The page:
I’m delighted to be part of NCR’s on-line conversational community.
This week, I’m struck (as I often am) by President Obama’s religious and linguistic skills, this time in Cairo as he addressed the Muslim world.
When he spoke at Notre Dame, I said to a friend, “he speaks Catholic.” After the Cairo address, it’s clear that he’s fluent in “Muslim.” In fact, in the theo-political world, he’s truly multi-lingual, interfaith. Today, I expect he will be fluent in Judaism as he walks through the tragic memories of Buchenwald.
More than that, he can deliver subtle messages without naming the intended recipient. At Notre Dame, he offered a wonderful personal memory of Cardinal Joseph Bernardin, but – if anyone was listening – he was also sending a powerful message to the present-day hierarchy that Bernardin’s moderate stance is a good model for bishops.
So also in his messages to the Muslim world. He never mentioned President Ahmadinejad of Iran by name, but his words decrying holocaust denial were a thinly-disguised message to Tehran. (They were also a message to Iranian voters, who will select a new president within days).
Fellow NCR Today blogger Michael Sean Winters is correct in his analysis about Alexia Kelley and her appointment to the Department of Health and Human Services (HHS) (Alexia Kelley appointment is a good thing).
Cristina Page also comes to the same conclusion: "Kelley is a new style pro-lifer, one who believes a progressive agenda will produce pro-life results."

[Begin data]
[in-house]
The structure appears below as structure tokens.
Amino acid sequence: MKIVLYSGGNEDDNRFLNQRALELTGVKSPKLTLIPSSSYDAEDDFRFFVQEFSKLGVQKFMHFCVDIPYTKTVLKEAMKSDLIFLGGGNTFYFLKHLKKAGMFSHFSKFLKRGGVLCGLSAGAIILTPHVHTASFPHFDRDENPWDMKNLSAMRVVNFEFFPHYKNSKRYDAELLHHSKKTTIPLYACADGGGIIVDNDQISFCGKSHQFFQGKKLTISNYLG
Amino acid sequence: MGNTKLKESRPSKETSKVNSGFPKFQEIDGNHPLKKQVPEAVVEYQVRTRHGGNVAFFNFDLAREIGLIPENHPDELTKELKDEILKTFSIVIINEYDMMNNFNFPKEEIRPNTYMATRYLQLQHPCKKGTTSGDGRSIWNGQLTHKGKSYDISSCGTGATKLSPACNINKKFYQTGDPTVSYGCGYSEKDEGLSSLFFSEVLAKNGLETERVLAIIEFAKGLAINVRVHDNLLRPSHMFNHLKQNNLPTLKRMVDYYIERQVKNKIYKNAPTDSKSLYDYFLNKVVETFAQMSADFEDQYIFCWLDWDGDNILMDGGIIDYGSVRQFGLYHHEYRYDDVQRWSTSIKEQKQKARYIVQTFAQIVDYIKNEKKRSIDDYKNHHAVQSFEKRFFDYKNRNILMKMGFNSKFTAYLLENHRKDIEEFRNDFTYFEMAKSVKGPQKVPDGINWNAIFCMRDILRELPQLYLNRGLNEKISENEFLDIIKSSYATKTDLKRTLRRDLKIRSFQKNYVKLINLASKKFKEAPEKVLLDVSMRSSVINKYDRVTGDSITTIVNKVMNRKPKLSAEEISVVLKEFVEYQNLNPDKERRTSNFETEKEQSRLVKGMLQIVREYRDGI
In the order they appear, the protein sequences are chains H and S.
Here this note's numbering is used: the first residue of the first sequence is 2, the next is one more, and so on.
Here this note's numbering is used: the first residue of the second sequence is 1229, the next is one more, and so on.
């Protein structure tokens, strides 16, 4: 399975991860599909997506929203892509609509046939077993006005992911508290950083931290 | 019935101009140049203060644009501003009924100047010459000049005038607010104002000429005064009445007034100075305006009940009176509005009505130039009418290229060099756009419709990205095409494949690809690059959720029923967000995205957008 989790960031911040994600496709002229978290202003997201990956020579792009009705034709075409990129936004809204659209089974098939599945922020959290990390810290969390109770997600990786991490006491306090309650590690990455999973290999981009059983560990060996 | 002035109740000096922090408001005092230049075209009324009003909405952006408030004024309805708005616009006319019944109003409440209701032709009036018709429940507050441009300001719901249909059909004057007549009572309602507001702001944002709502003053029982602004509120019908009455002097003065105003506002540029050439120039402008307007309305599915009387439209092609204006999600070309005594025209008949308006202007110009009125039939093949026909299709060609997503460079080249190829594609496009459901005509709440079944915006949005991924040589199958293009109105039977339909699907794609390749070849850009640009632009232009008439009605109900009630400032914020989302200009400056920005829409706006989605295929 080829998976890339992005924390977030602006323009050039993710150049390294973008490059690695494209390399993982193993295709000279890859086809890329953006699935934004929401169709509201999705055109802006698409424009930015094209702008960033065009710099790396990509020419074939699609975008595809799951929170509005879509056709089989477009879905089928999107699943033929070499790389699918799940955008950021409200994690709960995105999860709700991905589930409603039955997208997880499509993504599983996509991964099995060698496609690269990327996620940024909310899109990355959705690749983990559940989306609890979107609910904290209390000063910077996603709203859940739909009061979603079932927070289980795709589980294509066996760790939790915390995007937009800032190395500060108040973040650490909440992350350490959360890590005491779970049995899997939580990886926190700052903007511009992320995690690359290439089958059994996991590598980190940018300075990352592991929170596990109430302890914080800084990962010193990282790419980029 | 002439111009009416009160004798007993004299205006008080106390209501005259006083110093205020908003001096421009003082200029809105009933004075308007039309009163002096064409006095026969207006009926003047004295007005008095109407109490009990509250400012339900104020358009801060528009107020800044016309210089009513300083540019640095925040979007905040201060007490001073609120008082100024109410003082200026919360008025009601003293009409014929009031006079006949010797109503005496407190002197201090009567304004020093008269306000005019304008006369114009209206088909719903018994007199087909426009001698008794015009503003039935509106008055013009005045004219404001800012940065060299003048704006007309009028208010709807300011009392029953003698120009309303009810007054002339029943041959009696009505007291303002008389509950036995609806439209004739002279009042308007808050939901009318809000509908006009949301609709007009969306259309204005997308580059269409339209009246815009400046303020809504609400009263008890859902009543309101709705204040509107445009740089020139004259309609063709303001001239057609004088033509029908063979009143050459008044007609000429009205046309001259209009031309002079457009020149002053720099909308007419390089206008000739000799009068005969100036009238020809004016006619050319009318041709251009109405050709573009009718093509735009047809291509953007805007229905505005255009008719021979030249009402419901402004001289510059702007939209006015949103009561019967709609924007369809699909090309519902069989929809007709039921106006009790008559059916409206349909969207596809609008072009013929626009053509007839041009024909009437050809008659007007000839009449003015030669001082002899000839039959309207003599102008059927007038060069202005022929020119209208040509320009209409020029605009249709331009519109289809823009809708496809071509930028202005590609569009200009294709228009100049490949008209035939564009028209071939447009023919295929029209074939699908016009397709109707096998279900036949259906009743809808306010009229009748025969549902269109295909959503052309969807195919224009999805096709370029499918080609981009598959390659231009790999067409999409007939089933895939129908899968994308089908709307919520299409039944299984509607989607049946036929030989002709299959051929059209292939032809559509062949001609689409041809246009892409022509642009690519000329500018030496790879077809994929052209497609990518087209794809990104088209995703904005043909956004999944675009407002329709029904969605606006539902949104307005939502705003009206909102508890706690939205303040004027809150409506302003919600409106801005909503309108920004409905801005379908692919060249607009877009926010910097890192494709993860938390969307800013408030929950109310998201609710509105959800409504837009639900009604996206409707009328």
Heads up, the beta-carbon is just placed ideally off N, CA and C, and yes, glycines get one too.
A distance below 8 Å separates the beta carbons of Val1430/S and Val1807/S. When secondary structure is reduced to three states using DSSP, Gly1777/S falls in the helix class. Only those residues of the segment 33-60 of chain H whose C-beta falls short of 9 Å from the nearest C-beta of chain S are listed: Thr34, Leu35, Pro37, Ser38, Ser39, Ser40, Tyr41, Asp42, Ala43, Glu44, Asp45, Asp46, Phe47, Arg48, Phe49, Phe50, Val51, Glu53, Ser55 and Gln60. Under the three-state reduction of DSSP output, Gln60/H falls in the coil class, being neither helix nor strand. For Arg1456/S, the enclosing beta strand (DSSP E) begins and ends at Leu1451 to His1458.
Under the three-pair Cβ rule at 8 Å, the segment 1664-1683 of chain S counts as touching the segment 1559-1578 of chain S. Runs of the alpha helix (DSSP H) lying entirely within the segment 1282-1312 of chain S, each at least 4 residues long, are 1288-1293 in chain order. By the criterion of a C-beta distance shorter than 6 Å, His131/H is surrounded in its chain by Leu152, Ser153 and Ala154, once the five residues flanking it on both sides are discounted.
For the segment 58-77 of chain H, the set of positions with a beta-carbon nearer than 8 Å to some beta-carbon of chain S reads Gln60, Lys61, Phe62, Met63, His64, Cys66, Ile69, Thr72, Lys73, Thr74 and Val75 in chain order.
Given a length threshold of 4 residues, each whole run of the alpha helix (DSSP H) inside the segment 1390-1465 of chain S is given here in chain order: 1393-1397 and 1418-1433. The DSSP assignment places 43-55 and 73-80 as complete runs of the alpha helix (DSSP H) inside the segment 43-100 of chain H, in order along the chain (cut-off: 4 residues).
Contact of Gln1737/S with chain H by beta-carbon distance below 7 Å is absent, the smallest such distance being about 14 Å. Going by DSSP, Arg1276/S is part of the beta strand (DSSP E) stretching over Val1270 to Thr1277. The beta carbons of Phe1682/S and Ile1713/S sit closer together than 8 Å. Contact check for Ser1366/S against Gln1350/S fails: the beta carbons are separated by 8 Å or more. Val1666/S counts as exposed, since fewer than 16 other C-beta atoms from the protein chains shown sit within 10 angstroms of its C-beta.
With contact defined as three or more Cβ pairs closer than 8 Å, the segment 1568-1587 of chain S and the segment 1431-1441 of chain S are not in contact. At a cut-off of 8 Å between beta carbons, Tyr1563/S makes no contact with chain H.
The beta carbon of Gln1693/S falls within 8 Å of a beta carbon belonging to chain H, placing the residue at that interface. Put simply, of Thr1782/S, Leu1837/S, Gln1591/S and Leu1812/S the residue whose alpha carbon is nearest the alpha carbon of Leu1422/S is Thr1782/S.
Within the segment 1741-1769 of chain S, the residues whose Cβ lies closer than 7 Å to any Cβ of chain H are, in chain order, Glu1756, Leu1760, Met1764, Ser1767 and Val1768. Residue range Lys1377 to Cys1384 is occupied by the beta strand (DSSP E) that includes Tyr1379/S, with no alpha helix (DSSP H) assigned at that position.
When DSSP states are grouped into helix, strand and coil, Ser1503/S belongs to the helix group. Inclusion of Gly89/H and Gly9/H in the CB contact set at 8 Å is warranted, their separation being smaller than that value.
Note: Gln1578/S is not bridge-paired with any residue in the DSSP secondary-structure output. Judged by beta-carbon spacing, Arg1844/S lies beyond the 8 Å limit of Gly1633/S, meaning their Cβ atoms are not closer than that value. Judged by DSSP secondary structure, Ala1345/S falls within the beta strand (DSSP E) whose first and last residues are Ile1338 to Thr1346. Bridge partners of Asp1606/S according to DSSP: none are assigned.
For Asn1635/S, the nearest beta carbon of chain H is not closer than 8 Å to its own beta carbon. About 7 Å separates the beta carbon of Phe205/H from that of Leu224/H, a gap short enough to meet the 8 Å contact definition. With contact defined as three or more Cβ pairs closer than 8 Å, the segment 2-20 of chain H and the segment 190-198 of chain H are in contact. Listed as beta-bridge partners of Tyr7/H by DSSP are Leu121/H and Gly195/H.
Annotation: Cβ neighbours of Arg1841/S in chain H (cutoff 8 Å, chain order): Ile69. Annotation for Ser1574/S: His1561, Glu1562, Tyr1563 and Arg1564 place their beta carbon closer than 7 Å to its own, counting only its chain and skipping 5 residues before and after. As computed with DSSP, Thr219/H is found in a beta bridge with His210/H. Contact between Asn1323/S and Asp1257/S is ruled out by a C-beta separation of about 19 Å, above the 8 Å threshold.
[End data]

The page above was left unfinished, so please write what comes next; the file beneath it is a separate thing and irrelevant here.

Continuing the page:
Alexia Kelley has an impressive track record of working for social justice. She worked for years at the Campaign for Human Development, the arm of the USCCB charged with fighting poverty. She went on to co-found Catholics in Alliance for the Common Good. Now, she has been named Director of Faith-Based and Neighborhood Partnerships at the Department of Health and Human Services. And, she became a punching bag.
The Catholics News Agency, which is to news coverage of the Church what Tass during the Breshnev era was to news coverage of the Cold War, failed to note her work for the Bishops, highlighting instead her support for the nomination of Kathleen Sebelius, “in spite of the fact that Sebelius' own bishop, Archbishop Joseph Naumann, asked her to refrain from receiving Holy Communion because of her support for abortion.”
Yes, that’s right. Kelley – and others – agree that the Constitution prohibits religious tests for office.
Not to be outdone, Catholics for Choice have condemned the appointment.
In what may be a sign of things to come, two Catholic publishing groups have merged. Our Sunday Visitor, billed as "the nation's largest Catholic publisher," has acquired Harcourt Religion Publishers from Houghton Mifflin Harcourt Publishing, one of the leading educational publishers in the United States. OSV publishes a weekly newspaper, books, religious education curricula, periodicals and pamphlets, as well as offering envelopes.
Jack Henning, a pioneering leader of California's labor movement who served under presidents John F. Kennedy and Lyndon Johnson, has died at his home in San Francisco. He was 93.
Henning served 26 years as executive secretary-treasurer of the California Labor Federation, AFL-CIO, which represents more than 2 million workers.